23. In [Muralidhar v. State of Karnataka, (2014) 5 SCC 730 : (2014) 2 SCC (Cri) 690], this Court noted the principles which are required to be followed by the appellate court in case of appeal against order of acquittal and in para 12 held as under: (SCC pp. 735-36)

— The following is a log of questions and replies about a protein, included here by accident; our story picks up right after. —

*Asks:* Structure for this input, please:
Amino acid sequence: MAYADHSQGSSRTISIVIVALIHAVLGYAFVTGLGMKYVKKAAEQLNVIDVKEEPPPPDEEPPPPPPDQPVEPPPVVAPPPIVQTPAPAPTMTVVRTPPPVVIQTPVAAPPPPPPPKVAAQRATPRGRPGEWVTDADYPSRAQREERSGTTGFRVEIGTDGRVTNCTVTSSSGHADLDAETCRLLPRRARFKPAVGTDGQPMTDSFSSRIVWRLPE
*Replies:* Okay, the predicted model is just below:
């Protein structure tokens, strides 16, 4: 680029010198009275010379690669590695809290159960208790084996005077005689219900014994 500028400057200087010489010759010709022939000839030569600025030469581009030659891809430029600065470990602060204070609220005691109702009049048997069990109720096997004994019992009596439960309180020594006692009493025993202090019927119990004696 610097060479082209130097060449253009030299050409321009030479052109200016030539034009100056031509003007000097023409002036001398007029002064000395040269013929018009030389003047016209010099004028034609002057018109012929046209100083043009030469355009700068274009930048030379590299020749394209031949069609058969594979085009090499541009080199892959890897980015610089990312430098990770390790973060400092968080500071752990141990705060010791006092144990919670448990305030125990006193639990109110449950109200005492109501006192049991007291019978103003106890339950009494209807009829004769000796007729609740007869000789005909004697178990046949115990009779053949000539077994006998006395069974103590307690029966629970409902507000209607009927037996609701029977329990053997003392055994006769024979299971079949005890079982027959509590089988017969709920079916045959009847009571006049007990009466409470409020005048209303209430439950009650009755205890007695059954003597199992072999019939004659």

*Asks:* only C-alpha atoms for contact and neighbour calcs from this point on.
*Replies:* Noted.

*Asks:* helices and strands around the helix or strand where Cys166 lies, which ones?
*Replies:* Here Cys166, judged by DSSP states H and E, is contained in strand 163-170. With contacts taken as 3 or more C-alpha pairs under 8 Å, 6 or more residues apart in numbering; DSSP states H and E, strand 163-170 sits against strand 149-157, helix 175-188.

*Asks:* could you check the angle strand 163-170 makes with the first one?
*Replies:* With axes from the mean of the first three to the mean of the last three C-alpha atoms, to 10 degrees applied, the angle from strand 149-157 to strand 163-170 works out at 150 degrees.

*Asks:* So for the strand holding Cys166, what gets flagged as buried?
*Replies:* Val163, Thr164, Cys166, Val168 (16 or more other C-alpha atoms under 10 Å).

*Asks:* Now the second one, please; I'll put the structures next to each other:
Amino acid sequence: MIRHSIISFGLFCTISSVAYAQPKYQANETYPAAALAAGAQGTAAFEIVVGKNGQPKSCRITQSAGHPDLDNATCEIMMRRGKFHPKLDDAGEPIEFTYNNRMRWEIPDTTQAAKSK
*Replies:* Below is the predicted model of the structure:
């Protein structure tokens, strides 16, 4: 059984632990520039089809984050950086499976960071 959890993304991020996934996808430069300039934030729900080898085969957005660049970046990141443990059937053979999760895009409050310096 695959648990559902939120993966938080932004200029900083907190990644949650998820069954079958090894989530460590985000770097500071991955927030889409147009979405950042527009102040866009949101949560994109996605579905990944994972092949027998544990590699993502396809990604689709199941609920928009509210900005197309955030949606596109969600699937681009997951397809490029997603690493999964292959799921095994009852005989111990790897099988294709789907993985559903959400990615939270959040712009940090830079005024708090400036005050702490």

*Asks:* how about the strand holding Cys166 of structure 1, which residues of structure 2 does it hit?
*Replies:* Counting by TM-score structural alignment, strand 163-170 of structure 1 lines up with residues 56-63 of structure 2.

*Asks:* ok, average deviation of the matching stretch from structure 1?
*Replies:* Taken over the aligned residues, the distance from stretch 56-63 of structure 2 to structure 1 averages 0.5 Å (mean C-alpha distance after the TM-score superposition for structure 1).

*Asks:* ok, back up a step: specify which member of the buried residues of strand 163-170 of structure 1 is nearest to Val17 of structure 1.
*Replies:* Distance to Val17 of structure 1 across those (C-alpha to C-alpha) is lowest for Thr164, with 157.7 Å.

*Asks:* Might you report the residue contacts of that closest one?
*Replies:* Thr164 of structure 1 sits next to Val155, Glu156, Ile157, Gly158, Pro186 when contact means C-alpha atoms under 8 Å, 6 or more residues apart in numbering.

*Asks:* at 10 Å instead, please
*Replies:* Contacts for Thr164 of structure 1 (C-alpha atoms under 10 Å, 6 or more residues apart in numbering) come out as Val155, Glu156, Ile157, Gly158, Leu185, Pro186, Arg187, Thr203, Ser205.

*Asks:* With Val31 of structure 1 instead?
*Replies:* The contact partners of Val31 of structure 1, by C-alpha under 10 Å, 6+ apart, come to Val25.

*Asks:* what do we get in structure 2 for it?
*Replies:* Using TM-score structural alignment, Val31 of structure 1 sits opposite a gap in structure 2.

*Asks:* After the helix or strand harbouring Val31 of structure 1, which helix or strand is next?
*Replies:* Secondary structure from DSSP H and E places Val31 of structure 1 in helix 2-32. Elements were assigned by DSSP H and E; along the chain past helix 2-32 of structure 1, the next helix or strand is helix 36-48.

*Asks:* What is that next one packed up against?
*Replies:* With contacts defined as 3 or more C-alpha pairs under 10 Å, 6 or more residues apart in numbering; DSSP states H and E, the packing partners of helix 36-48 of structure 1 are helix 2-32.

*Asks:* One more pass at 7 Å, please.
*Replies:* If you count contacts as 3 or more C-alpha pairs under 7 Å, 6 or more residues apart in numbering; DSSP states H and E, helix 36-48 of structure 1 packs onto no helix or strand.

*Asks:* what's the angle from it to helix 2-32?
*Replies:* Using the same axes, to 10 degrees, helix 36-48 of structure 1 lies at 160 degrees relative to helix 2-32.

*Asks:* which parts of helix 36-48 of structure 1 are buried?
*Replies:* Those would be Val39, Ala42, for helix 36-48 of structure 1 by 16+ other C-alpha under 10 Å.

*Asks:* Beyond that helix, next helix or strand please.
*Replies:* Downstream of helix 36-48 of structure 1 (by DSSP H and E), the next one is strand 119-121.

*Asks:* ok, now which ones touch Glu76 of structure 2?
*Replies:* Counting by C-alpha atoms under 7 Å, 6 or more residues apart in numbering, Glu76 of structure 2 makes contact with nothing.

“12. The approach of the appellate court in the appeal against acquittal has been dealt with by this Court in Tulsiram Kanu [Tulsiram Kanu v. State, AIR 1954 SC 1 : 1954 Cri LJ 225], Madan Mohan Singh [Madan Mohan Singh v. State of U.P., AIR 1954 SC 637 : 1954 Cri LJ 1656], Atley [Atley v. State of U.P., AIR 1955 SC 807 : 1955 Cri LJ 1653], Aher Raja Khima [Aher Raja Khima v. State of Saurashtra, AIR 1956 SC 217 : 1956 Cri LJ 426], Balbir Singh [Balbir Singh v. State of Punjab, AIR 1957 SC 216 : 1957 Cri LJ 481], M.G. Agarwal [M.G. Agarwal v. State of Maharashtra, AIR 1963 SC 200 : (1963) 1 Cri LJ 235], Noor Khan [Noor Khan v. State of Rajasthan, AIR 1964 SC 286 : (1964) 1 Cri LJ 167], Khedu Mohton [Khedu Mohton v. State of Bihar, (1970) 2 SCC 450 : 1970 SCC (Cri) 479], Shivaji Sahabrao Bobade [Shivaji Sahabrao Bobade v. State of Maharashtra, (1973) 2 SCC 793 : 1973 SCC (Cri) 1033], Lekha Yadav [Lekha Yadav v. State of Bihar, (1973) 2 SCC 424 : 1973 SCC (Cri) 820], Khem Karan [Khem Karanv.State of U.P., (1974) 4 SCC 603 : 1974 SCC (Cri) 639], Bishan Singh [Bishan Singhv.State of Punjab, (1974) 3 SCC 288 : 1973 SCC (Cri) 914], Umedbhai Jadavbhai [Umedbhai Jadavbhai v. State of Gujarat, (1978) 1 SCC 228 : 1978 SCC (Cri) 108], K. Gopal Reddy [K. Gopal Reddy v. State of A.P., (1979) 1 SCC 355 : 1979 SCC (Cri) 305], Tota Singh [Tota Singh v. State of Punjab, (1987) 2 SCC 529 : 1987 SCC (Cri) 381], Ram Kumar [Ram Kumar v. State of Haryana, 1995 Supp (1) SCC 248 : 1995 SCC (Cri) 355], Madan Lal [Madan Lal v. State of J&K, (1997) 7 SCC 677 : 1997 SCC (Cri) 1151], Sambasivan [Sambasivan v. State of Kerala, (1998) 5 SCC 412 : 1998 SCC (Cri) 1320], Bhagwan Singh [Bhagwan Singh v. State of M.P., (2002) 4 SCC 85 : 2002 SCC (Cri) 736], Harijana Thirupala [Harijana Thirupala v. Public Prosecutor, (2002) 6 SCC 470 : 2002 SCC (Cri) 1370], C.Antony [C. Antony v. K.G. Raghavan Nair, (2003) 1 SCC 1 : 2003 SCC (Cri) 161], K. Gopalakrishna [State of Karnataka v. K.Gopalakrishna, (2005) 9 SCC 291 : 2005 SCC (Cri) 1237], Sanjay Thakran [State of Goav.Sanjay Thakran, (2007) 3 SCC 755 : (2007) 2 SCC (Cri) 162] and Chandrappa [Chandrappa v. State of Karnataka, (2007) 4 SCC 415 : (2007) 2 SCC (Cri) 325]. It is not necessary to deal with these cases individually. Suffice it to say that this Court has consistently held that in dealing with appeals against acquittal, the appellate court must bear in mind the following: